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Metaphor in Dante's Inferno

Metaphor Examples in Dante's Inferno:

Canto 1

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"My weary frame After short pause recomforted, again I journey'd on over that lonely steep, The hinder foot still firmer..."   (Canto 1)

One may interpret this line metaphorically as well as literally.  The feet were thought to be the limbs of the soul: the right symbolizing the will and the left symbolizing the intellect. Dante requires both in his journey.

"like a beast At some false semblance in the twilight gloom..."   (Canto 2)

In a typical Dantean simile, the poet compares his own fear of the underworld to the fear of a wild beast who is afraid of shadows in the twilight.

"Curs'd wolf..."   (Canto 7)

Plutus is a wolf in a metaphorical sense. The wolf, with its insatiable appetite, is a fitting figure for Plutus, with his insatiable hunger for material wealth.

"that as pinions seem'd their nimble feet..."   (Canto 16)

In other words, they moved so fast that their feet seemed to have "pinions," or birds' wings.

"As naked champions, smear'd with slippery oil, Are wont intent to watch their place of hold And vantage..."   (Canto 16)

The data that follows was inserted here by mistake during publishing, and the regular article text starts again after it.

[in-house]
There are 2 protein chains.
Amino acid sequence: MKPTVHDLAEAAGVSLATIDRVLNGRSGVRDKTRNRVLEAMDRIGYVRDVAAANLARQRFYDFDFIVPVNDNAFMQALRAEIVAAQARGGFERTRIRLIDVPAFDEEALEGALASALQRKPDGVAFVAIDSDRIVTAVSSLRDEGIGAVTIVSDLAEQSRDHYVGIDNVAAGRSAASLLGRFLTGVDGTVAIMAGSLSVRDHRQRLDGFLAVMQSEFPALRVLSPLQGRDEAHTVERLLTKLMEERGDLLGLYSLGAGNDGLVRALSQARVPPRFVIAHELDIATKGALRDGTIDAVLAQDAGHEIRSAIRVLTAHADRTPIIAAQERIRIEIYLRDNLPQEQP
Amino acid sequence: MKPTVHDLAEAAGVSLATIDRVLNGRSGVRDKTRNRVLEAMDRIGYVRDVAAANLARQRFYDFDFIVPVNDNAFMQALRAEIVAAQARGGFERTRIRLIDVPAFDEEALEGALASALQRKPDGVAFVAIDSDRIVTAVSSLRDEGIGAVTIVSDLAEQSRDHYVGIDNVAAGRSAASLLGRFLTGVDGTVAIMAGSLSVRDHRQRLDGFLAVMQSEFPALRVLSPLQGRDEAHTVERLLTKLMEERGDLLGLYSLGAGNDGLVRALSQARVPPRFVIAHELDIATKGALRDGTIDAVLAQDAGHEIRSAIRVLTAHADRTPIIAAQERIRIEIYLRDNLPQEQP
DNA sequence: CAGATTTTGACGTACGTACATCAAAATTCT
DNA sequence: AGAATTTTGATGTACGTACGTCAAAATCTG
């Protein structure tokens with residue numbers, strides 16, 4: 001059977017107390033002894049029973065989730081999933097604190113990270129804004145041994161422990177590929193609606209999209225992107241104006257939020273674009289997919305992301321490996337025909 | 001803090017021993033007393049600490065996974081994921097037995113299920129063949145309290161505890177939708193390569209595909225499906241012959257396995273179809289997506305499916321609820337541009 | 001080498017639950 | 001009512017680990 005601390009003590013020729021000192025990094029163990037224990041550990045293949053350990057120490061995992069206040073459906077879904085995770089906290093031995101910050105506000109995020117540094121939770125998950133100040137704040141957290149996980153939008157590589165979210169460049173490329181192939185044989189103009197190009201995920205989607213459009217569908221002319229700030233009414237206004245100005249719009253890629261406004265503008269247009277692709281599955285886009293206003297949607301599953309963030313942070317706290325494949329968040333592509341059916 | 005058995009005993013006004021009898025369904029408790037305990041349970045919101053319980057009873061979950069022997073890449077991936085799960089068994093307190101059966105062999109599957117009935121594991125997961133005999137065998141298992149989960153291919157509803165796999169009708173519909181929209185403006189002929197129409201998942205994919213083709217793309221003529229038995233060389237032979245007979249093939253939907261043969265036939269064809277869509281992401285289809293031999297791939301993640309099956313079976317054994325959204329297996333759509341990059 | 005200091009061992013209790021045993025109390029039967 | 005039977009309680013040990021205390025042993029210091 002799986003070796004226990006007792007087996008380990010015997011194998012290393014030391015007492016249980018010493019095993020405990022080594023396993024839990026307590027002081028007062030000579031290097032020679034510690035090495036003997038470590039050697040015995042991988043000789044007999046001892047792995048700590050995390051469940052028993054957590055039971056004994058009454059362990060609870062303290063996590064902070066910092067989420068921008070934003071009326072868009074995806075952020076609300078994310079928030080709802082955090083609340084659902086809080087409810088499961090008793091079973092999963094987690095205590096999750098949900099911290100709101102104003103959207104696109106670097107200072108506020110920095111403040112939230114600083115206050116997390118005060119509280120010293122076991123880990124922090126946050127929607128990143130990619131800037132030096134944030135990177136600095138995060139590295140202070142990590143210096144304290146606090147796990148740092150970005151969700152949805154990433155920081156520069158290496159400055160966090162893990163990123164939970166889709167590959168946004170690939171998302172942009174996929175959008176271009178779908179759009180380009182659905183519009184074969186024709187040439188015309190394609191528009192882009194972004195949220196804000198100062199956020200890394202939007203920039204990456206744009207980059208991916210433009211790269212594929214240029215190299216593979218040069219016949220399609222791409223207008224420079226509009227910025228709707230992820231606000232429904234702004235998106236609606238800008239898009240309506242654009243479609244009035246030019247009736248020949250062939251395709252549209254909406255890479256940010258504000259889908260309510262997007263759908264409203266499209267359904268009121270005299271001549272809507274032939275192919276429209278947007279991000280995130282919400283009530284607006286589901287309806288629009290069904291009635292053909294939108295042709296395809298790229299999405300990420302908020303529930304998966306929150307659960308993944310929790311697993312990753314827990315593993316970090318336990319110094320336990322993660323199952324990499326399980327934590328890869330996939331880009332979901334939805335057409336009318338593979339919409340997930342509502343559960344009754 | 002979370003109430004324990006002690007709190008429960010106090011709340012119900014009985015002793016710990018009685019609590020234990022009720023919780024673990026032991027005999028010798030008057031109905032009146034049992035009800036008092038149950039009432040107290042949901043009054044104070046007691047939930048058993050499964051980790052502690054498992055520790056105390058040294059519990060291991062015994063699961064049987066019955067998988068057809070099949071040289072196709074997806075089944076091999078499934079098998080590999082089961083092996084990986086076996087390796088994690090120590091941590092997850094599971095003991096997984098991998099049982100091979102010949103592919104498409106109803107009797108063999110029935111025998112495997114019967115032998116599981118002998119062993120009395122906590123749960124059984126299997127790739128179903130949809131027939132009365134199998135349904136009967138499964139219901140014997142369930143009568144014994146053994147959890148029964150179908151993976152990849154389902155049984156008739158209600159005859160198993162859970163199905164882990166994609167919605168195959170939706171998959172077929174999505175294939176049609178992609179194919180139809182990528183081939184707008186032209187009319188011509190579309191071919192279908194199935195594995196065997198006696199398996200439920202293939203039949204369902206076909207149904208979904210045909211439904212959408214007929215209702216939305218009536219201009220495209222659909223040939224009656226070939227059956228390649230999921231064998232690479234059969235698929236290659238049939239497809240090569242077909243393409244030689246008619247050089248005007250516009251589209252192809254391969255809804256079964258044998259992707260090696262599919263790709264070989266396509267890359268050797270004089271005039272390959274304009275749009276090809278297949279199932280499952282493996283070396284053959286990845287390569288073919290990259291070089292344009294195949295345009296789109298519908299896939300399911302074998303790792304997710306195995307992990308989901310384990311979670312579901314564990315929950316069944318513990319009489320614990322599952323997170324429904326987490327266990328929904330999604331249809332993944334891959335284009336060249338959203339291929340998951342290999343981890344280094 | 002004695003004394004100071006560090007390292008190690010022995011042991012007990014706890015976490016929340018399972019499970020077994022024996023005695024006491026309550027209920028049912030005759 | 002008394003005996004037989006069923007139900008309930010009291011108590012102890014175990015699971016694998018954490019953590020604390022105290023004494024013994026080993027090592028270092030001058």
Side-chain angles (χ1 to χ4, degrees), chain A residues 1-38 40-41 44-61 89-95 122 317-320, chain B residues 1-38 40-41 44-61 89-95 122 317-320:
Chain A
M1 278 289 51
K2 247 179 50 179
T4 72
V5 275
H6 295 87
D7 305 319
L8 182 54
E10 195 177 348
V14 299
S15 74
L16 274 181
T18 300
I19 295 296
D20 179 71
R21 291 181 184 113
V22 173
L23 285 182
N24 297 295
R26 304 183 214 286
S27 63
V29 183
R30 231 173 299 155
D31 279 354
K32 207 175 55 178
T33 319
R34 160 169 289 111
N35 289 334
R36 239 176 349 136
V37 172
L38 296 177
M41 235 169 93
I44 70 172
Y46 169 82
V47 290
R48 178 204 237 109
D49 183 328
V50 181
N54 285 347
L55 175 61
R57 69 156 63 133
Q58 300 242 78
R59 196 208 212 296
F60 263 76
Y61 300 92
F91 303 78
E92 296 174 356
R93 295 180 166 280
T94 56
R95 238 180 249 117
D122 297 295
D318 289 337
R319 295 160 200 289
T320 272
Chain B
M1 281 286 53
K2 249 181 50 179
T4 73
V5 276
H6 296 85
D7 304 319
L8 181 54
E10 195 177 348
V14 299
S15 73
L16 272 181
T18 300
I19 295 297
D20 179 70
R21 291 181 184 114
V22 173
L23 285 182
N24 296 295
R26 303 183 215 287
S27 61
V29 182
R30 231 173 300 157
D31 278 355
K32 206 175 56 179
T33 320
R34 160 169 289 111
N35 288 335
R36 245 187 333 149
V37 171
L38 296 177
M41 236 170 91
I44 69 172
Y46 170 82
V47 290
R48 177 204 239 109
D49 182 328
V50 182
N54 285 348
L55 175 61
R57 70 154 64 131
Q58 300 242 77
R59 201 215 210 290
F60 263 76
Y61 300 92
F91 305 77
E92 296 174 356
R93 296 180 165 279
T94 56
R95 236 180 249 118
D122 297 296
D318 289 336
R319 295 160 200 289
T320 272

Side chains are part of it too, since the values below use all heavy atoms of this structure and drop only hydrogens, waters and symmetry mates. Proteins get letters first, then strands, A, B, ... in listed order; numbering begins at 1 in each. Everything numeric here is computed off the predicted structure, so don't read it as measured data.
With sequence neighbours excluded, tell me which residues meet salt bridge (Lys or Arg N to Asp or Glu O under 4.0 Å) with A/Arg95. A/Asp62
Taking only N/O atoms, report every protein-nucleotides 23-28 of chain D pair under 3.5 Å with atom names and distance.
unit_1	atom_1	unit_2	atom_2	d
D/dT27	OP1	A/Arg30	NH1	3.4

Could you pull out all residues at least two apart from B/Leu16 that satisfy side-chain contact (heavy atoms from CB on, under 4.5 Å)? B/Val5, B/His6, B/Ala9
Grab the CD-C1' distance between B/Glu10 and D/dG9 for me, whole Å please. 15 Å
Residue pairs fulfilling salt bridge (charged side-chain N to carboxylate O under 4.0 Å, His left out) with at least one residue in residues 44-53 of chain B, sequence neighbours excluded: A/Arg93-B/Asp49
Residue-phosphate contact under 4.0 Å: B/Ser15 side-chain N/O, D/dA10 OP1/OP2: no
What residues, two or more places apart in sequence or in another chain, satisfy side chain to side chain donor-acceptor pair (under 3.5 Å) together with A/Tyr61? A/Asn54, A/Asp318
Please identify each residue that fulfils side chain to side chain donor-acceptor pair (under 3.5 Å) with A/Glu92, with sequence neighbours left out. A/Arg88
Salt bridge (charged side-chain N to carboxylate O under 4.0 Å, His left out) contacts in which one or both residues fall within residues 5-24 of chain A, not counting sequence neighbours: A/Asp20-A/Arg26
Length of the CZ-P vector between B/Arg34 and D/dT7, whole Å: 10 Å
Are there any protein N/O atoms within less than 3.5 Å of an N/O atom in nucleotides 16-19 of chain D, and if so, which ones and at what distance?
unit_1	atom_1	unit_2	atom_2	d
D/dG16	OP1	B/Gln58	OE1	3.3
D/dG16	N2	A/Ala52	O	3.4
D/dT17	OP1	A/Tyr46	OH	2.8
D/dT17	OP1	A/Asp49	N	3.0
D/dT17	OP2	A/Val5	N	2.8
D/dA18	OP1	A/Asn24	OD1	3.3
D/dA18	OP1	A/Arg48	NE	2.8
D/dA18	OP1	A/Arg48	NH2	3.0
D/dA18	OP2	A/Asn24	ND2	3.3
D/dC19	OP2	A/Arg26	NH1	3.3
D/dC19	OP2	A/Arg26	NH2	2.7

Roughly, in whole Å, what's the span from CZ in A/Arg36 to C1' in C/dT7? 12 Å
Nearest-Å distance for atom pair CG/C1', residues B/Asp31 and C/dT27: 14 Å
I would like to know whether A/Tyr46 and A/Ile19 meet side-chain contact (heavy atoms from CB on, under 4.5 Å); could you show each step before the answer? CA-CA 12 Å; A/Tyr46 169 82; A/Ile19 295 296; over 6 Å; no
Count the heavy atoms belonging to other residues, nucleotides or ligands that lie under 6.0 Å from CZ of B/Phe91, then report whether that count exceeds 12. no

Dante is comparing the stance of the three men to the way wrestlers prepare to wrestle, looking for the most advantageous hold on an opponent.

"As falcon, that hath long been on the wing, But lure nor bird hath seen..."   (Canto 17)

By comparing Geryon to a falcon that has not been able to find either food or a lure to justify his flight, Dante suggests that Geryon is displeased with the task carrying the two men. As soon as they land, Geryon disappears like an arrow from a bow, eager to be rid of them.

"ill-fated Icarus..."   (Canto 17)

Daedalus and his son Icarus escaped from King Minos of Crete using feathers fastened onto a wooden frame with wax. As they soared above the Aegean Sea, Icarus flew higher than he was supposed to. Despite Daedalus' warnings, he flew high enough for the sun's heat to melt the wax. The frame lost its feathers, and Icarus fell into the sea—now called the Icarian Sea. Dante compares his own vertiginous dread to that of plummeting Icarus.

"Phaeton..."   (Canto 17)

Phaeton is the son of the Greek god Apollo. When he was old enough, he begged Apollo to allow him to drive the sun-chariot across the sky. Despite Apollo's misgivings, he granted Phaeton the wish, but Phaeton soon allowed the horses to run wild. Because the earth was in danger of burning up as the sun came closer to the earth, Zeus hurled a thunderbolt at Phaeton, who fell from the chariot into the river Eridanus and died. Dante compares the dread he feels as he rides on Geryon's back to the dread Phaeton felt as he drove, and fell from, Apollo's chariot.

"who hath an ague fit so near, His nails already are turn'd blue..."   (Canto 17)

Geryon has blue nails, and so Dante compares him to a victim of malaria who, starved of oxygen, has blue nails.

"where he who bears Of Trento's flock the past'ral staff, with him Of Brescia, and the Veronese..."   (Canto 20)

Virgil refers to the bishops of Verona, Brescia and Trento, whom he characterizes as shepherds of their various flocks.